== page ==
• Source
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    ABSTRACT: Many organizations today are faced with the challenge of processing and distilling information from huge and growing collections of data. Such organizations are increasingly deploying sophisticated mathematical algorithms to model the behavior of their ...
    Full-text · Article · Feb 2014 · ACM SIGMOD Record
  • Minos Garofalakis · Daniel Keren · Vasilis Samoladas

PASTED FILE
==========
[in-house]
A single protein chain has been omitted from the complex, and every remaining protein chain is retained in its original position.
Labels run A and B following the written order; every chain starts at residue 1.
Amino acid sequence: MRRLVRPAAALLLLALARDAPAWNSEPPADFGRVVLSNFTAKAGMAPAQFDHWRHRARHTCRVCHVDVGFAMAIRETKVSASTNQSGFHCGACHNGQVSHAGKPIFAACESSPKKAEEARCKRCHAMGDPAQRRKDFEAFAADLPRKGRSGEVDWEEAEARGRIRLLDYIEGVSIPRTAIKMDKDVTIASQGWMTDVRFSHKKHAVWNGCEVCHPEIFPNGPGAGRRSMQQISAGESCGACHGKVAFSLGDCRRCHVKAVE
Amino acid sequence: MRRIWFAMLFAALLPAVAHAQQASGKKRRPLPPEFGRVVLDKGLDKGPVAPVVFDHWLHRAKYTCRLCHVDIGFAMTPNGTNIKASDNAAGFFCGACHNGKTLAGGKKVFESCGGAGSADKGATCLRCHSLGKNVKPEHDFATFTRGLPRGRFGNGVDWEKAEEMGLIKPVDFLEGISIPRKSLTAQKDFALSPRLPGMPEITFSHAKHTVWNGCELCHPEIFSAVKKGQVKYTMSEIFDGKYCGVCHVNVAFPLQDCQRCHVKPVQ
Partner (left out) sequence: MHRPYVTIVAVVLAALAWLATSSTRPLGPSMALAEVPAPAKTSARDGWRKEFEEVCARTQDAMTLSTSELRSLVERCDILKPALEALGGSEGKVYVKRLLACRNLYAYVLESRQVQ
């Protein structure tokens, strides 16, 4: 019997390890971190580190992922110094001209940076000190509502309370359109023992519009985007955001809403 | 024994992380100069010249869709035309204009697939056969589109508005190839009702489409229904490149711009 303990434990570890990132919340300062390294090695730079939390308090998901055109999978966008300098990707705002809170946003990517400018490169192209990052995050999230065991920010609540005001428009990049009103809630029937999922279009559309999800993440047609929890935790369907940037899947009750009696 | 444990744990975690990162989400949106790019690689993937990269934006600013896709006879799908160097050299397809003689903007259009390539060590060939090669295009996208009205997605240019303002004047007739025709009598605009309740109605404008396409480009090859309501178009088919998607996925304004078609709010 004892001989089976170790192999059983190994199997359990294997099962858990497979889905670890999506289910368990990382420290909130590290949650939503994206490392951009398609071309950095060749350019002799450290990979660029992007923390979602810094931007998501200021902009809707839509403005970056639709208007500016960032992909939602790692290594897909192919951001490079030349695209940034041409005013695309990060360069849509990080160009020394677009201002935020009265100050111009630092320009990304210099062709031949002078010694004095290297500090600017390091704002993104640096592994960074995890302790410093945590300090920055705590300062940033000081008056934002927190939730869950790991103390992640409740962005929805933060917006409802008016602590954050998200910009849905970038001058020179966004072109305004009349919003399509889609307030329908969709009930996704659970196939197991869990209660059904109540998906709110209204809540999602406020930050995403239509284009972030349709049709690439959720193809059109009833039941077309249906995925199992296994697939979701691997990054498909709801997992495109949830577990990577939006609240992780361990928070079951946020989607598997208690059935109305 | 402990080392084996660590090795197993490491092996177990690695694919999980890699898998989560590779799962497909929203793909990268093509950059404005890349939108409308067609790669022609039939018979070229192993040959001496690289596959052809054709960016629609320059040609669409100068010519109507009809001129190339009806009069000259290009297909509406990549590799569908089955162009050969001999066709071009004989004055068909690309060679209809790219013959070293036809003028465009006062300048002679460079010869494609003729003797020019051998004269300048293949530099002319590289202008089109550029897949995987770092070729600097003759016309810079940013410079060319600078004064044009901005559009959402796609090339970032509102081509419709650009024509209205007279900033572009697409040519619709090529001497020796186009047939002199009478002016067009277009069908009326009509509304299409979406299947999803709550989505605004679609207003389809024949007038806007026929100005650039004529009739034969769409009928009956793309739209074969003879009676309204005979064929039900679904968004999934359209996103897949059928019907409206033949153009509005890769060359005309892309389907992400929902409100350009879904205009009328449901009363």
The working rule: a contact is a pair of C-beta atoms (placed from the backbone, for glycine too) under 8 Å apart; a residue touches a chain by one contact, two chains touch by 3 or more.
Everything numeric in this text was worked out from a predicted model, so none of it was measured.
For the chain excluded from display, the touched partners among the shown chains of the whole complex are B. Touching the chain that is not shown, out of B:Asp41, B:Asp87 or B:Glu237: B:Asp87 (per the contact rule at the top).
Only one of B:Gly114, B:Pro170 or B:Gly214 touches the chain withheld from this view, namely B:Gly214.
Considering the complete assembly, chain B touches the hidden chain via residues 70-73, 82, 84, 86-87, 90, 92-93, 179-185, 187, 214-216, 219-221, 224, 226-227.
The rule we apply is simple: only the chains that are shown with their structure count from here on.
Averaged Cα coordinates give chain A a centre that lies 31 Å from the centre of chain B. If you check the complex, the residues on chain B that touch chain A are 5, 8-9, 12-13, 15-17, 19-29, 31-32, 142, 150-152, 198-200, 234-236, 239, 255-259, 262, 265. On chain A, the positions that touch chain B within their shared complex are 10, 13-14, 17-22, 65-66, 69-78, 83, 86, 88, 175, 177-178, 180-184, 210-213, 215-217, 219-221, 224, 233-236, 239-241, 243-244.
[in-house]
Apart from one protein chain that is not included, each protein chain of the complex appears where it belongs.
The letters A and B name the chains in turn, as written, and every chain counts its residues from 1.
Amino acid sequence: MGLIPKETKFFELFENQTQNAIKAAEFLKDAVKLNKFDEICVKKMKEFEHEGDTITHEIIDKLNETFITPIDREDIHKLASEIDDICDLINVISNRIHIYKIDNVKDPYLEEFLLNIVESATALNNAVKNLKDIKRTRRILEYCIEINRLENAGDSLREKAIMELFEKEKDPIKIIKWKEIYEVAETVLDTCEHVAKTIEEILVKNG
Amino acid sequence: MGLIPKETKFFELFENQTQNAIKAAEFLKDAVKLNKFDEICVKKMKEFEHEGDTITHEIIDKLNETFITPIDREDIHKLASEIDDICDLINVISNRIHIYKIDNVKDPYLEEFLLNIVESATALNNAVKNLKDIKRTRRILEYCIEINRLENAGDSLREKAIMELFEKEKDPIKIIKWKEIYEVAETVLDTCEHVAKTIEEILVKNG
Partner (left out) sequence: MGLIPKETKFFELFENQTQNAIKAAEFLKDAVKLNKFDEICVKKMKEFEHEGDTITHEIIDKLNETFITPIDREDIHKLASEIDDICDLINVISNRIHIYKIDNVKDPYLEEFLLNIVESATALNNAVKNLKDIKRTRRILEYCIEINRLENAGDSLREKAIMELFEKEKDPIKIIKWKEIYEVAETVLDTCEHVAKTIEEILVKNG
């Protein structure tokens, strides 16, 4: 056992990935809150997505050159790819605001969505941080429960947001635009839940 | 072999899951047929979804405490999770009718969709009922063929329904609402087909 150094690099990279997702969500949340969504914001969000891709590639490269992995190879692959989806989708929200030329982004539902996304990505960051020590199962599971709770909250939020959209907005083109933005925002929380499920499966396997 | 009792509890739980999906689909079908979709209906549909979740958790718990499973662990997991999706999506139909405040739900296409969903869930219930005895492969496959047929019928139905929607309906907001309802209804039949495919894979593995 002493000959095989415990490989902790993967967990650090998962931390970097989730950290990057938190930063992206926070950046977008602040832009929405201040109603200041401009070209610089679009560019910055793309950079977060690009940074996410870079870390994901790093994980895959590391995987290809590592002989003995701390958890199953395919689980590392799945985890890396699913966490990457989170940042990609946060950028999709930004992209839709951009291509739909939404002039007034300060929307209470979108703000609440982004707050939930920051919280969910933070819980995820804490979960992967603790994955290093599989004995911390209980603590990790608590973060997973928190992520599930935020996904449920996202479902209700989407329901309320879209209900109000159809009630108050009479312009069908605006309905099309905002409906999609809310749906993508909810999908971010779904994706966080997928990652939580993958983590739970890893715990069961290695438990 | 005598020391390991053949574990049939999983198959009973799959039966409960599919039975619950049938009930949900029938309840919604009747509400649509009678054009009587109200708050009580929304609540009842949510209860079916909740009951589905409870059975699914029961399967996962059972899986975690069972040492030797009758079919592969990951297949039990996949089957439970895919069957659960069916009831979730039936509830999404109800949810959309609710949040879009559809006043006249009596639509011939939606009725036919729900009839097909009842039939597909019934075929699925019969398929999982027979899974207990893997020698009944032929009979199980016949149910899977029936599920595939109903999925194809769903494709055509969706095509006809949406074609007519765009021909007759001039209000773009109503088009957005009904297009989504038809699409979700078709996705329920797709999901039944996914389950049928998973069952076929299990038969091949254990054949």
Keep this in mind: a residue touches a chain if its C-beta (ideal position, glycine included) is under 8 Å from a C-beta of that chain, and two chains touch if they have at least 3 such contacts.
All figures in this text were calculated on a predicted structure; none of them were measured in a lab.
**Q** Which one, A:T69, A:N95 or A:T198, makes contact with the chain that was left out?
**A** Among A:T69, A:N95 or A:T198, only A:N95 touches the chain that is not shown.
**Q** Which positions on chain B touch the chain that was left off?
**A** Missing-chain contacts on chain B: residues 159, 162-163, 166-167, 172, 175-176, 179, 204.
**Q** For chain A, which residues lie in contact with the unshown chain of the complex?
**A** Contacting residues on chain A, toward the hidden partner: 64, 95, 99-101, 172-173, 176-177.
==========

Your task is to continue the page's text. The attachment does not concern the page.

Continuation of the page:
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    ABSTRACT: Emerging large-scale monitoring applications rely on continuous tracking of complex data-analysis queries over collections of massive, physically-distributed data streams. Thus, in addition to the space- and time-efficiency requirements of conventional stream processing (at each remote monitor site), effective solutions also need to guarantee communication efficiency (over the underlying communication network). The complexity of the monitored query adds to the difficulty of the problem - this is especially true for nonlinear queries (e.g., joins), where no obvious solutions exist for distributing the monitor condition across sites. The recently proposed geometric method offers a generic methodology for splitting an arbitrary (non-linear) global threshold-monitoring task into a collection of local site constraints; still, the approach relies on maintaining the complete stream(s) at each site, thus raising serious efficiency concerns for massive data streams. In this paper, we propose novel algorithms for efficiently tracking a broad class of complex aggregate queries in such distributed-streams settings. Our tracking schemes rely on a novel combination of the geometric method with compact sketch summaries of local data streams, and maintain approximate answers with provable error guarantees, while optimizing space and processing costs at each remote site and communication cost across the network. One of our key technical insights for the effective use of the geometric method lies in exploiting a much lower-dimensional space for monitoring the sketch-based estimation query. Due to the complex, highly nonlinear nature of these estimates, efficiently monitoring the local geometric constraints poses challenging algorithmic issues for which we propose novel solutions. Experimental results on real-life data streams verify the effectiveness of our approach.